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Using wide boards

2144 Views 3 Replies 3 Participants Last post by  Marco
As part of a subfloors-up restoration of a 170 year-old house I located 950 feet of 12 year-old white ash stored in a second story barn with good ventilation.

It planed down to 1", mainly 8" and 6", eight and twelve footers. Most of it is clear and superior to the red oak I found in the same location.

It will go down across 1 1/4" subfloor planks, tongue and grooved, but cupped in many places. If it looks too bad I'll sand some humps off.

I trimmed up a load of the stock yesterday to 7 3/8" and 5 3/8", with the rest at 5". The boards all jointed to a straight line. There is almost no twisting, though many boards are bowed in the middle. I figure if I stand on them they'll go down o.k., if I can get them through the shaper.

1. Is 1" all right or should I cut the stock down to keep the nailer happy?

2. Is 8" too wide? I am prepared to drill and plug, as necessary, being an old boat man. This is an early Canadian house and I'm not very interested in having a seamless floor. I figure on a nice, even 1/8" gap between boards by next March, after shrinkage.

3. What do you recommend as a nailer/stapler? I'm leaning toward the heaviest pneumatic cleat nailer I can afford, but I've heard that a hammer-driven model sometimes works better in old houses.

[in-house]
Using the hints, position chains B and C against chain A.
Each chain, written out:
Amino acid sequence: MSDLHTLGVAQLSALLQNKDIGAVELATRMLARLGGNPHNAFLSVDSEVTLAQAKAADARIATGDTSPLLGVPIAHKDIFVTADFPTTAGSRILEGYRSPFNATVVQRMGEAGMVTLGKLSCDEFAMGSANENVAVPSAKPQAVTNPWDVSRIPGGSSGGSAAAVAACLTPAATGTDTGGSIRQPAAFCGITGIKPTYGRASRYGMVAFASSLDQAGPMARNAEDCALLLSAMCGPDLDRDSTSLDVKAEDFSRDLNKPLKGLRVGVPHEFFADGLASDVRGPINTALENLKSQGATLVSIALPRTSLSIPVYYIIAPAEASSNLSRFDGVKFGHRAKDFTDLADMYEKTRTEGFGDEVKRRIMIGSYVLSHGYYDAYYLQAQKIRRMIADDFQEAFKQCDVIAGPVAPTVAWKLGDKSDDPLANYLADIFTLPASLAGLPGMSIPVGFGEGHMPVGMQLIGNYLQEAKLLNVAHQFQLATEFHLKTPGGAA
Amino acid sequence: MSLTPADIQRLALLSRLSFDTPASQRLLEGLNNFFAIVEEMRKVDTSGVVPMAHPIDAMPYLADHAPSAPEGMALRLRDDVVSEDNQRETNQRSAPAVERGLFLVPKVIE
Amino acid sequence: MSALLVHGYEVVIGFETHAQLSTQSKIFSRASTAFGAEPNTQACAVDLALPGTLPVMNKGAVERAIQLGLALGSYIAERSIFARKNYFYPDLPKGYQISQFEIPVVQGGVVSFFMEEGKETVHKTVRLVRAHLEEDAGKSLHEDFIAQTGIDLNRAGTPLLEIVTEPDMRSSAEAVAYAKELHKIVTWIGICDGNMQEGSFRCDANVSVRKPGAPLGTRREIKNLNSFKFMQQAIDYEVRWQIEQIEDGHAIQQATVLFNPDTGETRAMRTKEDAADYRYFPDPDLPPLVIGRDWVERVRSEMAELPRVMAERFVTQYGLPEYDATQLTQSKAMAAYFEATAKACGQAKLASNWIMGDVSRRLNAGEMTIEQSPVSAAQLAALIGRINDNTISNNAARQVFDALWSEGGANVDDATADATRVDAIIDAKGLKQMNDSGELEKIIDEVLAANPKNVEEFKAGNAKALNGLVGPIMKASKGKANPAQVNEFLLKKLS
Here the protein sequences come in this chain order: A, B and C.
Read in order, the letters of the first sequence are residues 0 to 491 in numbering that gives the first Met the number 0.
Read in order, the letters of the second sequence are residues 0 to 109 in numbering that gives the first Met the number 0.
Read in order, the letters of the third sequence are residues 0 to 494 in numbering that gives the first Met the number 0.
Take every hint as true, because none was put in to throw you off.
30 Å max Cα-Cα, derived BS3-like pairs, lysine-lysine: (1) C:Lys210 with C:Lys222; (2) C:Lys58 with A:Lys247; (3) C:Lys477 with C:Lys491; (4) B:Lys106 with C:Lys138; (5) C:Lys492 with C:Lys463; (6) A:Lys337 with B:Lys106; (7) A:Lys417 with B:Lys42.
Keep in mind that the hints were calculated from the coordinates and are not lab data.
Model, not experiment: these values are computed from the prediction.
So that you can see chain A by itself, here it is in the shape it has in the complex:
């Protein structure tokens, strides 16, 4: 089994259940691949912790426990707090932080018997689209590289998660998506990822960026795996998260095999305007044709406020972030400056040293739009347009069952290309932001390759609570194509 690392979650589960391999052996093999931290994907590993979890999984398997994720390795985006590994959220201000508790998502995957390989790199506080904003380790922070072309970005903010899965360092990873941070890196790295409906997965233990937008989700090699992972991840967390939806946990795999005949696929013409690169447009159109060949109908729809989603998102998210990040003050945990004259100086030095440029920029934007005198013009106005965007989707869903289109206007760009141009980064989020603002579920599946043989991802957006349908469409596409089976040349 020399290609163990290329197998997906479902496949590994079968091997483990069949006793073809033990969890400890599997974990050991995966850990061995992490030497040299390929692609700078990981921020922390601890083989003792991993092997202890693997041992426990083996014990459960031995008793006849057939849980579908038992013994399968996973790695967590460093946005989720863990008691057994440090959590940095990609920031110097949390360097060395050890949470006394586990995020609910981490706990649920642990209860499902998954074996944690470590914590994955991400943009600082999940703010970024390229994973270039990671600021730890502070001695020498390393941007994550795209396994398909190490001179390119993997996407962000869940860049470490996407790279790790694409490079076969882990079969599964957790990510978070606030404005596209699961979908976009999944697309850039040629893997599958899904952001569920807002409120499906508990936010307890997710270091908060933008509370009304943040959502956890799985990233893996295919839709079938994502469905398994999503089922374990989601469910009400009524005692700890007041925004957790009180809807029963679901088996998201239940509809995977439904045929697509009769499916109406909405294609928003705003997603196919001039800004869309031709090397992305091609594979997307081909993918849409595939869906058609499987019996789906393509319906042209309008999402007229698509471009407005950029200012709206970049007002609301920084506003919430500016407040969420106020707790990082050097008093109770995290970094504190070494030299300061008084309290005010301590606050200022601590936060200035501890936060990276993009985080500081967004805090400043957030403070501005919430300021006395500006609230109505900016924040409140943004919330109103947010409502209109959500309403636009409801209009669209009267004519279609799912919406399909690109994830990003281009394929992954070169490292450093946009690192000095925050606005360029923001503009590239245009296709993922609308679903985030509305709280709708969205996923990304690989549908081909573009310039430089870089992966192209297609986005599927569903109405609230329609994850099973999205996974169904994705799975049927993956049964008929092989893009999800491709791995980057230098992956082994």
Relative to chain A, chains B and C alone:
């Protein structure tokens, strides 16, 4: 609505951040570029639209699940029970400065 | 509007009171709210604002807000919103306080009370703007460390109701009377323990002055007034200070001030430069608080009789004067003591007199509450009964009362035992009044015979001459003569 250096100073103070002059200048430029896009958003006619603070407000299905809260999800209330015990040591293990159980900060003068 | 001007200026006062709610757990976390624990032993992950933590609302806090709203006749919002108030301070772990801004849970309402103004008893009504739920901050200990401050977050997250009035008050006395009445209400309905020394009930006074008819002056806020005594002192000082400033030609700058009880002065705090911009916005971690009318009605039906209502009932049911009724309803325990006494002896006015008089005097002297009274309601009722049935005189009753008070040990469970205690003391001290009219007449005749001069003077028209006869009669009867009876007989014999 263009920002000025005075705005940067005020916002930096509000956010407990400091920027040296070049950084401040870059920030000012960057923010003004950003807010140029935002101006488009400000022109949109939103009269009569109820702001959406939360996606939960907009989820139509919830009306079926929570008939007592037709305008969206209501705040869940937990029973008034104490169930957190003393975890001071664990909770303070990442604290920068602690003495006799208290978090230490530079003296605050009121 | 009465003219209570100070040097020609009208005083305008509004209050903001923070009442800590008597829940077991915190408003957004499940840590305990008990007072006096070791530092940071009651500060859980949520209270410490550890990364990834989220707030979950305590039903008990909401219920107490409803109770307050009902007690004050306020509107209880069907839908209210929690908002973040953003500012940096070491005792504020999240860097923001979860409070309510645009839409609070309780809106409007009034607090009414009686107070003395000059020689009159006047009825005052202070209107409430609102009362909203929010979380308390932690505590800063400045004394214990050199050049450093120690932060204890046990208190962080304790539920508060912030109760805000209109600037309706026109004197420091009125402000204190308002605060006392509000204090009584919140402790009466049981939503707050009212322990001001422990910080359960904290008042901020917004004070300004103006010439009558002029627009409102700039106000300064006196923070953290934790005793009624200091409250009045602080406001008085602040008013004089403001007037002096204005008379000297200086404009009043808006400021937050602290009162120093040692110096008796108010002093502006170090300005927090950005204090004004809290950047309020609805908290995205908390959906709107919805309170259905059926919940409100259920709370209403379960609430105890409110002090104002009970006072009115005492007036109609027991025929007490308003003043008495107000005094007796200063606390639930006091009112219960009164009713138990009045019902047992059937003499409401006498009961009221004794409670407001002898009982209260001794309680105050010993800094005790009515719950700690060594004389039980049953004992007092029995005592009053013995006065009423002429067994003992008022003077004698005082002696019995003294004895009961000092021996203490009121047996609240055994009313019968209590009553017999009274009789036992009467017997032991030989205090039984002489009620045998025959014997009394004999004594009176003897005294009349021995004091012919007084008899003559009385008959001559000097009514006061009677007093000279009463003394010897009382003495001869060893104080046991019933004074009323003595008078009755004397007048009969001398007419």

Thanks for your comments,

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First, you are one lucky man. How come I never find anything like that?

12 yr. old wood is pretty well seasoned, I wouldn't expect it to shrink too much more. Wide boards will be effected by humidity, bear this in mind when you put them down. If the humidity is low you may need to space them, I use those fake credit cards that they are forever mailing me.

Here's an old trick for dealing with cupped boards. Lay them on the grass with the cupped side down. The sun will dry (shrink) one side and the humidity from the ground will expand the other. Be ready to install when it gets flat.

8" is not too wide, I have 12" oak through a good portion of one of my homes. It is also 1" thick, all hand nailed and has lots of plugged screws. I grew up with old wooden boats.
Nailer selection

-- snip --
I'm looking at nailers on the Net and am likely to buy a Primatec 210, a local variant of the SHF50, to judge by the pictures and features.

My flooring cutters came today and the tongue is almost 2/3 of the way down the 1" board.

The Primatec claims to need an optional kit to nail 33/32 flooring, though it is fine for 3/4".

Question: How will a regular, 3/4" nailer react to 1" material and a tongue a long way down the face of the board? One answer was that I should simply use 2" nails and go for it, but it's been 20 years since I have used a flooring nailer. If someone would be kind enough to explain how the nail finds its way through the flooring, and how much it depends upon the location of the tongue, it might save me some grief in the store tomorrow morning.


You need to change the face plate.
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